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How Vaping in the Bathrooms Affects WHS

How Vaping in the Bathrooms Affects WHS

As of late, the topic of vaping in schools has been coming up much more. Friends and peers of mine had been complaining about the grape-flavored smog in the bathrooms, or the kids swarming in the big stall; rumors went around about bathrooms closing. To smooth over speculation and try to get a better understanding of how the school is dealing with this, I interviewed Mr. Springer and Ms. Guzman. 

First, I’d asked when they thought this had started becoming a problem. Ms. Guzman shared that, “2018… 2017 was when I really feel like there were a lot of reports of it, when we as teachers were asked to go into the bathroom to be more vigilant, and to make sure we were clearing students out.” Most of the bathroom closings, I found out as well, were due to “graffiti and other vandalism.” The school does not plan to close any bathrooms due to kids vaping, since “you need to allow kids to access the bathroom… we are much more likely to do what you’ve seen, which is […] posting up on bathrooms.” While they’re not closing them, “we’d like to make sure that there are vape detectors in the bathrooms, and what that would do, it’s not like an alarm, but it notifies us immediately… and then we can use the cameras to locate those kids. It would make it much more difficult to do without getting caught.” 

Another thing I was curious about: what happens if you do get caught?  “The procedure is: we bring them down, then we test the vape for THC using; we have tests for that, that you wipe them down and get some of the residue oil from inside and you wipe that down, and if it is THC it will come up red, changes the color of those. If it is a nicotine vape […] you end up likely getting an in school [suspension,] if it is THC, you end up getting an out of school [suspension,] and obviously they get confiscated regardless. I believe we contact our school resources officer if its THC as well, and I believe we give them one warning? I mean you still get an out of school suspension, right, then the chance to take online drug rehabilitation classes to reduce that suspension. Then, if you get caught a second time, we go through that again and there’s also a fine from the police… Not to mention parent phone calls and other things like that.”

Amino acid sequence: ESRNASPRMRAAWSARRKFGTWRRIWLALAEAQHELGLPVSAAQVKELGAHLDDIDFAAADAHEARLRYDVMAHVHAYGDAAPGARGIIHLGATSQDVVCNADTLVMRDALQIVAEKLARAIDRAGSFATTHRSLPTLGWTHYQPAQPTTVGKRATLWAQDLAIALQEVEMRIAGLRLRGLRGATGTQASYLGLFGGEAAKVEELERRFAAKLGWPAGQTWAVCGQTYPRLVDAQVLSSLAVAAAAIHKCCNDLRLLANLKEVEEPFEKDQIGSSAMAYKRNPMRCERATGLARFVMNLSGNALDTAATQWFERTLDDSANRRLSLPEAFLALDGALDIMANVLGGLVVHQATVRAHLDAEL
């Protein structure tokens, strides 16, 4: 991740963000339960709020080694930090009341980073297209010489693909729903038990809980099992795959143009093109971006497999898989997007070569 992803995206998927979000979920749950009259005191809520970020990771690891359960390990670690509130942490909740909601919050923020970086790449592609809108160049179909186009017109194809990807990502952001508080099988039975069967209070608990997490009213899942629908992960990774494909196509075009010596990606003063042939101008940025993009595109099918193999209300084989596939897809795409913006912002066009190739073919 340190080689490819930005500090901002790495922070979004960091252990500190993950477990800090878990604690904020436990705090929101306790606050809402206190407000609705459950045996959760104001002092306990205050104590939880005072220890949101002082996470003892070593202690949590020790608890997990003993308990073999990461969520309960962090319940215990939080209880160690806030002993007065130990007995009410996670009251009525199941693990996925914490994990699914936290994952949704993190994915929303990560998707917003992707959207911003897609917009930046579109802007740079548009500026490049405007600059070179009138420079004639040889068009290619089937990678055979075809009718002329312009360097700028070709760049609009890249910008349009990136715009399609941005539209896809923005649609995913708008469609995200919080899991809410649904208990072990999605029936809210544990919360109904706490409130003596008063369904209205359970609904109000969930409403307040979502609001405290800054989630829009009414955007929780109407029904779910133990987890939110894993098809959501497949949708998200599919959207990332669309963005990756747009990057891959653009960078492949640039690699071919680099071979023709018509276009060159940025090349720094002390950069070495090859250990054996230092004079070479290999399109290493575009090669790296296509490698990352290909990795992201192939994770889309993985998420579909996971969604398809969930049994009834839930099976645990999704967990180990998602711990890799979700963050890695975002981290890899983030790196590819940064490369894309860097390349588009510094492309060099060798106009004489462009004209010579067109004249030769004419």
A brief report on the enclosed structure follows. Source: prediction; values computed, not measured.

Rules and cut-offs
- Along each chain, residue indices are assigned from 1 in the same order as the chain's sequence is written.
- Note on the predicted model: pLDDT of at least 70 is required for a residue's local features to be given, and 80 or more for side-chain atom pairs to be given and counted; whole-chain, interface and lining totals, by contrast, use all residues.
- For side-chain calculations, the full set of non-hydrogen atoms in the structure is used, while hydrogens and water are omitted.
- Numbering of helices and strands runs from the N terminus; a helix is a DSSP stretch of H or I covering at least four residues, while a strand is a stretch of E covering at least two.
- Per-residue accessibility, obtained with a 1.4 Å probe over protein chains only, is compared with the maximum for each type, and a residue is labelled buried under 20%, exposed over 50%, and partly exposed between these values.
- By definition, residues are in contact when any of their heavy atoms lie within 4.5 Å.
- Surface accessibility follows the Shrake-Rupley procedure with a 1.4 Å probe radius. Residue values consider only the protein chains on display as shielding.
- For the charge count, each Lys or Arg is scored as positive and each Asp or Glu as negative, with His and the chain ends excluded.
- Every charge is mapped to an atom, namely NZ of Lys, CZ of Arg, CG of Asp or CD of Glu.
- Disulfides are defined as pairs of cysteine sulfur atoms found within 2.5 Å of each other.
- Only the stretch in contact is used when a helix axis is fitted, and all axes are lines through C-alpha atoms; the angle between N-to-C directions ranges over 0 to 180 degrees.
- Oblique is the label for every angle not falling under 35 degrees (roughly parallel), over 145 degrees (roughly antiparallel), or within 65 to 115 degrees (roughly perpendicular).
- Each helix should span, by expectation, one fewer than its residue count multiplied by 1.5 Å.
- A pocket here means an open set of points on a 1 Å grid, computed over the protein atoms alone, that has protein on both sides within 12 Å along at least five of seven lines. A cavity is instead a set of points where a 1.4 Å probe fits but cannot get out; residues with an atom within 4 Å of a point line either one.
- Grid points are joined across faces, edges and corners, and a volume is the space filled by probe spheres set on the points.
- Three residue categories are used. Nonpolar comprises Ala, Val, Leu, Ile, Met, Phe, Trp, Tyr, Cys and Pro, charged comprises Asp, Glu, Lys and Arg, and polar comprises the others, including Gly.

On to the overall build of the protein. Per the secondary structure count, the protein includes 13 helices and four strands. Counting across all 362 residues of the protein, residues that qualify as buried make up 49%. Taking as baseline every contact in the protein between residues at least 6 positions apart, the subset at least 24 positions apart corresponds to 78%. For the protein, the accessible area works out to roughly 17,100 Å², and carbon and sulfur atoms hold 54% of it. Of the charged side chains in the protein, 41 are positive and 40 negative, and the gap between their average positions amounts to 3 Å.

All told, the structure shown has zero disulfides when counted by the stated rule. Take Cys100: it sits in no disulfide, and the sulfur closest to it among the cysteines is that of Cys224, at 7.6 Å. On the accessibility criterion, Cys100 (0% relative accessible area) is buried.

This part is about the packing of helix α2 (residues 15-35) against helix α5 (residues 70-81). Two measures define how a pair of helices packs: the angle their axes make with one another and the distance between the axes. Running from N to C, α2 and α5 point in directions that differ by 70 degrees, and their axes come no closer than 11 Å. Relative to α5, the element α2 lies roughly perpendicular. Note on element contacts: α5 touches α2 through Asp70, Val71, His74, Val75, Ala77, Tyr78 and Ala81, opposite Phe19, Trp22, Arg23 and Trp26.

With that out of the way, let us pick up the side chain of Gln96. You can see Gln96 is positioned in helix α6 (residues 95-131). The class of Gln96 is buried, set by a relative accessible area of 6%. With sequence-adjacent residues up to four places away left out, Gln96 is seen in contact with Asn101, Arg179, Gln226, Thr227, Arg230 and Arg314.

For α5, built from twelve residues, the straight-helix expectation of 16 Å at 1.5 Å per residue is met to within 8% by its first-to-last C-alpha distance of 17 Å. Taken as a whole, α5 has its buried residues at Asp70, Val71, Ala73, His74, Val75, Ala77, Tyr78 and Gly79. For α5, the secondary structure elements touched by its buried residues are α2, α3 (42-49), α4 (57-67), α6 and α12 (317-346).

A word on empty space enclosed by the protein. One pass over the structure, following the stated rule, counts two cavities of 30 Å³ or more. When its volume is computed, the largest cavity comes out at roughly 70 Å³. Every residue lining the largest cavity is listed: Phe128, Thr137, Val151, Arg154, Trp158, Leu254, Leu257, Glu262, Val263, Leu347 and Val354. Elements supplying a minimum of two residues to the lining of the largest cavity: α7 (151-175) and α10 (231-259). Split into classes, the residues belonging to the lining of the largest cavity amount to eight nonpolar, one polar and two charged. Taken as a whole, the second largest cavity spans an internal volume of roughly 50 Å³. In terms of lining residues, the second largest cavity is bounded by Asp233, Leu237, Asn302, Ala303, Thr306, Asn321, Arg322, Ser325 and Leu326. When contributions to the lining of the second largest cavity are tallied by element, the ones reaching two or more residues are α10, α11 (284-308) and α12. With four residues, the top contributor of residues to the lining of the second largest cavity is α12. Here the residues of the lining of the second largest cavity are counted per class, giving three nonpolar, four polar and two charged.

Along with this insight, I interviewed a few students, randomly and anonymously. The responses varied a lot, and varied by grade. I interviewed a freshman that shared that she had never encountered anyone vaping here in the bathrooms; while a sophomore shared that it was almost every time she entered. Another person I interviewed guessed that it was probably around “2 out of 10 times” that he had encountered someone vaping while using the bathroom, the most recent time being the week before. Another student shared that they had never encountered anyone vaping to their knowledge, but another shared that it was almost every time she went. Overall, though, the topic wasn’t received well. When I asked the interviewees knew anyone who vaped in the bathrooms, I was met with an unenthusiastic “unfortunately,” from one person and a sigh from another.  

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The biggest complaints discussed were the smell, and the large groups of students gathering, and concern for their peers. “They probably shouldn’t be doing that. It doesn’t affect me, but it affects them.”  In the words of Mr. Springer, “please stop doing that. Everyone who doesn’t vape would appreciate if you stopped vaping. Not just the adults, but also the other students who just want to go to the bathroom.” 

 

 

https://itql.mylifemyquit.org/Resource_pages/resources  

https://truthinitiative.org/this-is-quitting-resources

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About the Contributor
Tommy Miller, Editor/Staff Writer
Tommy Miller is a sophomore at WHS. He is a member of NAHS, Book Club, Youth Advisory Board, Drama Club, GSA, along with cast and crew in the theatre department. He reports on various hot topics, and spends his free time playing guitar, drawing, and listening to My Chemical Romance.
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